As I mentioned before, this is my first experience with both the theater itself and this particular work of Shakespeare's, and I am more than happy that I was invited to see this show. Everything about this production is awe-inspiring, from the intricate yet natural looking set (kind of like the idea of a French garden) to the wonder of the audience actually feeling as though it is a part of the story being told because of both the proximity of the actors and the overall "feel" of the show, there really isn't anything the least bit negative to say about this production. BWW Review: A True King Rises with KING LEAR at Elements Theatre

I was especially amazed by how talented a cast this is, and reading the program over further I discovered that these actors are indeed masters at their craft, having trained at the Royal Academy of Performing arts and the Royal Shakespeare Company, just to name a few. These actors and the extraordinary performance they gave really makes Shakespeare's words seem so easy to roll of the tongue, when in reality I can only imagine how much rehearsal goes into a production such as this - not only due to the stamina needed to get through a play of such length, but also how each actors stays in character so unbelievably well.

The costumes are perfect, the fight choreography is not only impressive but also has people worrying what would happen should an actor forget to duck while a sword is being horizontally swung, and the acting is honestly superb. Although there are too many people involved with this show to possibly list everyone, please know that this first experience of mine with Elements is really something that I will remember because of the theater's professionalism, the talent of those involved and how easy it is to see how much both cast and crew alike care for the making of a splendid production - one that people are bound to remember well. I highly recommend this to anyone who is either a fan of Shakespeare (or just of really fantastic, memorable performances in general), who has not yet ventured into one of Shakespeare's epic worlds or just truly wishes to see a performance of meaning that one can do absolutely nothing but enjoy - this one will not disappoint.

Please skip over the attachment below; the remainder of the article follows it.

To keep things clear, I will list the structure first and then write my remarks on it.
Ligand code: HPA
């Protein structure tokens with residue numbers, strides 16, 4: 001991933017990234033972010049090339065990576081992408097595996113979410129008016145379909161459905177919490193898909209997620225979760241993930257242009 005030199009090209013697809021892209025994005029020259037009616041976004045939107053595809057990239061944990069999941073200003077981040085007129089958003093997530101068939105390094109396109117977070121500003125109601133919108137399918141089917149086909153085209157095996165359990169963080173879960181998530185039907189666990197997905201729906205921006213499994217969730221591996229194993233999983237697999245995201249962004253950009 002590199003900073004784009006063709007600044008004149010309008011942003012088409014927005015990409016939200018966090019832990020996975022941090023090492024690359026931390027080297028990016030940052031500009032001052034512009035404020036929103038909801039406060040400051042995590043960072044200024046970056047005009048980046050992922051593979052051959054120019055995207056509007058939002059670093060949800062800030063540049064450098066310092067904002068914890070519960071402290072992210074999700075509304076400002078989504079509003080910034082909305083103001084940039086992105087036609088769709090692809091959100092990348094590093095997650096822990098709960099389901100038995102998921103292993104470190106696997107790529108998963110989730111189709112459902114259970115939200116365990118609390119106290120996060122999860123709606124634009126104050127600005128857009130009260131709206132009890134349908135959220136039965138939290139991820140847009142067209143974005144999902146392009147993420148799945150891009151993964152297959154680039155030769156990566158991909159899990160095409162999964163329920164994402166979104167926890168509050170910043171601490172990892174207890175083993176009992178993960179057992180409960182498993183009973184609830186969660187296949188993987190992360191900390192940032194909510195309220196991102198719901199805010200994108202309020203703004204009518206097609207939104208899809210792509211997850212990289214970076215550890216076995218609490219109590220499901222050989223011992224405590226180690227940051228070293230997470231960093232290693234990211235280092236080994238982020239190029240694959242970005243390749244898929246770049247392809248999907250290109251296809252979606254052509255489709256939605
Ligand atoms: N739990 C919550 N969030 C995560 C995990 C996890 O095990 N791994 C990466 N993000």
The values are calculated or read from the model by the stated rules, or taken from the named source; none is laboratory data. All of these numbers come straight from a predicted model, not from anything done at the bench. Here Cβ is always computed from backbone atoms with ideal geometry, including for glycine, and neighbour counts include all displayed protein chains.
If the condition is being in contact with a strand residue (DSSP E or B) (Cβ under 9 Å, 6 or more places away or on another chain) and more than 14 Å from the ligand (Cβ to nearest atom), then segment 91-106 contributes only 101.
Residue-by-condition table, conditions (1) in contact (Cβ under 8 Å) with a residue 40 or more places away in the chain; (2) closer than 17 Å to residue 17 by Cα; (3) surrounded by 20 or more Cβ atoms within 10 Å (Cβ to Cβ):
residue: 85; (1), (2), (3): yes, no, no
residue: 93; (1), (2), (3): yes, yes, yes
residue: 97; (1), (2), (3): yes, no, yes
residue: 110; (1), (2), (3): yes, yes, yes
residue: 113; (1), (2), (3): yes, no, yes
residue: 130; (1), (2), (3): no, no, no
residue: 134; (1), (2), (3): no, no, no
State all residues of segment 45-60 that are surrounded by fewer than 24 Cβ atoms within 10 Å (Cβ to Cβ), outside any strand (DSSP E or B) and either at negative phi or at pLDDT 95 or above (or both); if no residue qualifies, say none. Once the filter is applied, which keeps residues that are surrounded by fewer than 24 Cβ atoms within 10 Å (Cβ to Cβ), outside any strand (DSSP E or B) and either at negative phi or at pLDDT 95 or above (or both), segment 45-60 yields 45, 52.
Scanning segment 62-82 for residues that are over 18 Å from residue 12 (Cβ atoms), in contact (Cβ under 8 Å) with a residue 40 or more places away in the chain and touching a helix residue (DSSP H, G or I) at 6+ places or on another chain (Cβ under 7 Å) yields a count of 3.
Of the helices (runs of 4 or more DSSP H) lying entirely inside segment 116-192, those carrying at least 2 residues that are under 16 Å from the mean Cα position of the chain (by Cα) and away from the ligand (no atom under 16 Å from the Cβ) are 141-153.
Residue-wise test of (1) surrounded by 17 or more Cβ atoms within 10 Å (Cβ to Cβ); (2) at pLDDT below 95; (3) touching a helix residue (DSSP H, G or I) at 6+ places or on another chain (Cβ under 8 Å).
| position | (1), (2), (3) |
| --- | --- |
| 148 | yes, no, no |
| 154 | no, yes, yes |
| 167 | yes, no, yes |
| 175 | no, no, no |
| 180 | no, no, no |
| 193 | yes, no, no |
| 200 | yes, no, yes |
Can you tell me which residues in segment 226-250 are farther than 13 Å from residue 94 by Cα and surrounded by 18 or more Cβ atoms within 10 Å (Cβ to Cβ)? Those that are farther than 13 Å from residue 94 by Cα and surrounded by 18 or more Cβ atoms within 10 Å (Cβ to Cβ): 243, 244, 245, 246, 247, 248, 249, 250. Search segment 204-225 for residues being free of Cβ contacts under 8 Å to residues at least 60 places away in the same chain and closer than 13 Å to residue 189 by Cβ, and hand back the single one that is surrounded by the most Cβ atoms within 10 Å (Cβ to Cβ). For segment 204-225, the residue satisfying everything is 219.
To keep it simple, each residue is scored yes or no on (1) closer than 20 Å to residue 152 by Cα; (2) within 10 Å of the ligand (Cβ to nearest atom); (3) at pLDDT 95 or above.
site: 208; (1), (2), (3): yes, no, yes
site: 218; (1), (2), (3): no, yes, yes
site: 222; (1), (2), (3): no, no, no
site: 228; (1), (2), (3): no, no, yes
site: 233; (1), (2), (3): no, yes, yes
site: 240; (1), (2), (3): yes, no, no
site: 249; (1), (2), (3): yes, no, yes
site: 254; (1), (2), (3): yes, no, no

Shakespeare's King Lear began performances at the Elements Theatre Company, outdoors at the Church of the Transfiguration at Rock Harbor on August 12th and will continue thru August 21st. The performance schedule is as follows: this Friday, Saturday and Sunday at 8:00, with a special pre-show dinner at 6:00 p.m. on the 20th. Guest speaker Tina Packer, founding artistic director of Shakespeare & Company, will be the guest speaker before the August 19th performance, and August 18th is a special students' performance, offering free admission and featuring a 7:30 p.m. discussion with Artistic Director Danielle Dwyer, CJ. Tickets are $35 ($30 for seniors) or $65/$60 for dinner and performance and; they may be purchased at or by calling the box office at 508-240-2400. Please come and see a wonderful production, and enjoy the show!

(Courtesy Photos)

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From This Author Kristen Morale